Some 35 years after the establishment of the first semiconductor plant in Kumamoto, a semiconductor industry cluster, including support industries, is being formed in the Kyushu Region. In the initial phase, the successive establishment of plants by major semiconductor device manufacturers served as the driver for the formation of an industrial cluster. This in turn encouraged the active entry or establishment of semiconductor manufacturing equipment manufacturers, makers of related materials and parts, and firms in various related services sectors.
Since the IT industry slump in 2001, however, the importance of industry-academic partnerships in research and development has been increasing, becoming a new driver for the sophistication of the industrial cluster. Among companies advancing into Kyushu, one finds examples of firms seeking partnerships with local universities. There have been a slowly increasing number of cases of successful commercialization through industry-academic partnerships, an indication that the semiconductor industry in Kyushu is beginning to evolve toward an innovative industrial cluster.
In particular, medium-sized companies that cannot easily conduct research and development based only on their own management resources are emerging as active participants in industry-academic partnerships, opening up a new chapter in the developments that led to the commercialization of technological seeds held by universities.
The results of our research show: (1) in the development of new businesses, inter-company and industry-academic “partnerships” are gaining in importance, with speed, cost and expertise being the primary motives for the “partnerships, ” (2) inter-company and industry-academic partnerships have different sets of purposes, with inter-company partnerships focusing on the marketization of newly developed technologies and the complementary mutual utilization of the expertise and marketing outlets, and industry-academic partnerships being geared toward the development of new technologies and advances into new fields; and (3) high expectations have been placed on universities, particularly in terms of ideas and insights for technological solutions, theoretical verification of technologies and clarification of fundamental principles, understanding of the latest technological trends, and their extensive personnel networks.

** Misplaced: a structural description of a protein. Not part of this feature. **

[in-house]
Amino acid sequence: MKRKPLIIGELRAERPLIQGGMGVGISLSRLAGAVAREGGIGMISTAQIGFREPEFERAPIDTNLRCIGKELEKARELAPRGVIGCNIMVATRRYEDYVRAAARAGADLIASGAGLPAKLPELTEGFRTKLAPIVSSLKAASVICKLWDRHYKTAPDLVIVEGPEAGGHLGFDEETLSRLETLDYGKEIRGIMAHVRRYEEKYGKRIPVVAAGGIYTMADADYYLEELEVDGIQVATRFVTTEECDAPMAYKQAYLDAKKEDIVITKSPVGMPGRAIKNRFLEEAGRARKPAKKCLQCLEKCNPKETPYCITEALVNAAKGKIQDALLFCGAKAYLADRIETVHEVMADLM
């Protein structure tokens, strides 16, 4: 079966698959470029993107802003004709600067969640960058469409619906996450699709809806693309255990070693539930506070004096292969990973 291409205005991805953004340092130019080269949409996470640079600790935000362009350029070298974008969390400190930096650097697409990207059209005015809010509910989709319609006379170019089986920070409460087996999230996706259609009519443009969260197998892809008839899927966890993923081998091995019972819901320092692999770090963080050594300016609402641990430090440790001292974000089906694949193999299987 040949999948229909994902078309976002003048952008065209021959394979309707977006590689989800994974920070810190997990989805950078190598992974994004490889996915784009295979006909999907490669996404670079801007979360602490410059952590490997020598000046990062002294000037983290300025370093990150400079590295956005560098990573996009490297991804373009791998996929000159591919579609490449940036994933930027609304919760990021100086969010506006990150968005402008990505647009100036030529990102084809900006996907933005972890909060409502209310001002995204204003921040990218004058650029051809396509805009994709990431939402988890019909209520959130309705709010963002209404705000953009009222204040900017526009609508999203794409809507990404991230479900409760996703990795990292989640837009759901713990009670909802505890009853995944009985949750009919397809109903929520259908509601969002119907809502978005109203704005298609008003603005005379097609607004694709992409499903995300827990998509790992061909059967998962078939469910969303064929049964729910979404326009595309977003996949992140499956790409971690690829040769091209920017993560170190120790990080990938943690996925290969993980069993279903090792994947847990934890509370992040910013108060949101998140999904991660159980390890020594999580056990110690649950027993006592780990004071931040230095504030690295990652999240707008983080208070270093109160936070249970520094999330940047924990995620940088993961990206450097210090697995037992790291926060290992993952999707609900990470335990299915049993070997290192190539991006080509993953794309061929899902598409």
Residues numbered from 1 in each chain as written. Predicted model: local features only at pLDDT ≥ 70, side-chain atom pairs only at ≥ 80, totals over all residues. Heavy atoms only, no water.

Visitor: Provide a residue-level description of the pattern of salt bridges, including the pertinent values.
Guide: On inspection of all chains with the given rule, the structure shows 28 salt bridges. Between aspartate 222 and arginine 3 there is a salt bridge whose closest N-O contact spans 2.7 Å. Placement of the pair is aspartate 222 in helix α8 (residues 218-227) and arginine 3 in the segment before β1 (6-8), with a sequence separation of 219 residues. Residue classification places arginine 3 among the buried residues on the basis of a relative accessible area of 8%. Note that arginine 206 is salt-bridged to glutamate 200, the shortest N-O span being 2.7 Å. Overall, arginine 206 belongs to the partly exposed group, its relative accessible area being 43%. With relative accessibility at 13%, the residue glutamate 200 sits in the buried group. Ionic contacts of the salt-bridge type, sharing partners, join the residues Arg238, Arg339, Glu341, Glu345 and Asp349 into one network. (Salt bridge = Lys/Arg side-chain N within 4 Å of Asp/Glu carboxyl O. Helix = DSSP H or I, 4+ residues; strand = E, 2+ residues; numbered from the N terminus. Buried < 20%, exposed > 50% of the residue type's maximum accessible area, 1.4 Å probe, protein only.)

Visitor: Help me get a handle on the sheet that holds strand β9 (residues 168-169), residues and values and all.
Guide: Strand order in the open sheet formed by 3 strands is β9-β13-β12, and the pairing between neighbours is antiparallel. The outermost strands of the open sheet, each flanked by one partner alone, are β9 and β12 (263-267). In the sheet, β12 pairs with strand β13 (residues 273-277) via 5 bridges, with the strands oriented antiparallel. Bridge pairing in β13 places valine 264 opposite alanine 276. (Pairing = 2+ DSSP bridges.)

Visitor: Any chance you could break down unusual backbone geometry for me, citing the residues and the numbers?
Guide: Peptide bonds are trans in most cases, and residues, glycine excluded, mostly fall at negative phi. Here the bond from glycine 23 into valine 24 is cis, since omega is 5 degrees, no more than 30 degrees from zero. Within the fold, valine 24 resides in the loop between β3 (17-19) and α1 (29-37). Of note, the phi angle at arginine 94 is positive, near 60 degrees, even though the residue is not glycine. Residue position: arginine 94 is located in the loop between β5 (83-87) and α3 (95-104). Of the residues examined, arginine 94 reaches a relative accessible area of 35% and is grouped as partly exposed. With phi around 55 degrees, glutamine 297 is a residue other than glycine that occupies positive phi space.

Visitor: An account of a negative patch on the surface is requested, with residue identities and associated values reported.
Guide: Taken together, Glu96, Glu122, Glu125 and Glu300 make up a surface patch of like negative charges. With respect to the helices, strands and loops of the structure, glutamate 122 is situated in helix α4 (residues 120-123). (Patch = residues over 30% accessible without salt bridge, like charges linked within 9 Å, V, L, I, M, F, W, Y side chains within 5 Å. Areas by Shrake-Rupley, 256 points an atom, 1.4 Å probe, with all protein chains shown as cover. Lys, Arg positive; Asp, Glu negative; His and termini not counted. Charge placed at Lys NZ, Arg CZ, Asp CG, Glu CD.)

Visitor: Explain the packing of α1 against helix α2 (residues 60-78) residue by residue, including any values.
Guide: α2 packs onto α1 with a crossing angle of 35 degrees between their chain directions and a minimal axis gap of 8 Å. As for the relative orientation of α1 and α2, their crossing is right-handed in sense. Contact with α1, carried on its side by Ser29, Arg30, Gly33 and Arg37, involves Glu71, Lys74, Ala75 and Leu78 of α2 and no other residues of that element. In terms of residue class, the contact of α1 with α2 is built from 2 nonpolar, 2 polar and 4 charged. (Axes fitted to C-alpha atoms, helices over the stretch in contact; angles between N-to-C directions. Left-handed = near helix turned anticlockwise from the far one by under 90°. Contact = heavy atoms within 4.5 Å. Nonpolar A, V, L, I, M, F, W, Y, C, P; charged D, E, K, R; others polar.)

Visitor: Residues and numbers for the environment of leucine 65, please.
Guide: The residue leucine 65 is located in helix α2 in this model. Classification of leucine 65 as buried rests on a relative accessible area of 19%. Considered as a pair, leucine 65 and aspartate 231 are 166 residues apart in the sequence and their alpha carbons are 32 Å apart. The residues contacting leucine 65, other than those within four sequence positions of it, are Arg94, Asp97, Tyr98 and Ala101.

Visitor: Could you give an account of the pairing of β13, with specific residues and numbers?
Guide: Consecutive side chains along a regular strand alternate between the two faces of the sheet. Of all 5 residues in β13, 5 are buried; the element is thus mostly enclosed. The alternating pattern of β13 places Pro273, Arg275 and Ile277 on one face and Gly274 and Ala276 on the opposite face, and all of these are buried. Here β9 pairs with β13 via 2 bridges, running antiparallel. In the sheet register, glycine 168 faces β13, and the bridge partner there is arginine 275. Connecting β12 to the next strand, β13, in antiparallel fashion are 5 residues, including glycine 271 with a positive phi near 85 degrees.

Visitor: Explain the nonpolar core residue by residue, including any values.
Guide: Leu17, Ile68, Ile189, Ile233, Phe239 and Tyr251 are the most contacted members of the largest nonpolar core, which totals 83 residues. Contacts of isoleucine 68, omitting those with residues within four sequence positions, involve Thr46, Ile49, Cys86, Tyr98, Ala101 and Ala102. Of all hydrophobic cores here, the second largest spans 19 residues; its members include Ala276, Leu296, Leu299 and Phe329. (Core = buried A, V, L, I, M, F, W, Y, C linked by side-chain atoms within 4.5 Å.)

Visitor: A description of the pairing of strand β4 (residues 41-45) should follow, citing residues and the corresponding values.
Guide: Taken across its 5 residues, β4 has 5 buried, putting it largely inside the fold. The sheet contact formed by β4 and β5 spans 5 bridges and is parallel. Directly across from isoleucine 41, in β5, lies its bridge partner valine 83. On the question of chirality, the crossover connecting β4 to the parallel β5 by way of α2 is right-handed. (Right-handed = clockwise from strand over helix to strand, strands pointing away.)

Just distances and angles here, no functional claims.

Moreover, large companies harbor strong expectations that industry-academic partnerships will yield results in the area of basic research, while small and middle-sized companies have high hopes in the area of applied research, which is closely linked to the commercialization of technologies. However, both groups emphasize the importance of geographical proximity within partnerships, attesting to the growing importance of industrial clusters in such partnerships.
On the basis of an analysis of a number of cases, we identified the following five factors as being important for the success of industry-academic partnerships: (1) selection of appropriate counterparts; (2) market-driven research themes; (3) private sector-led promotion of research; (4) clear differentiation of the roles of industry and academia; and (5) clear means for allocating the cooperation results.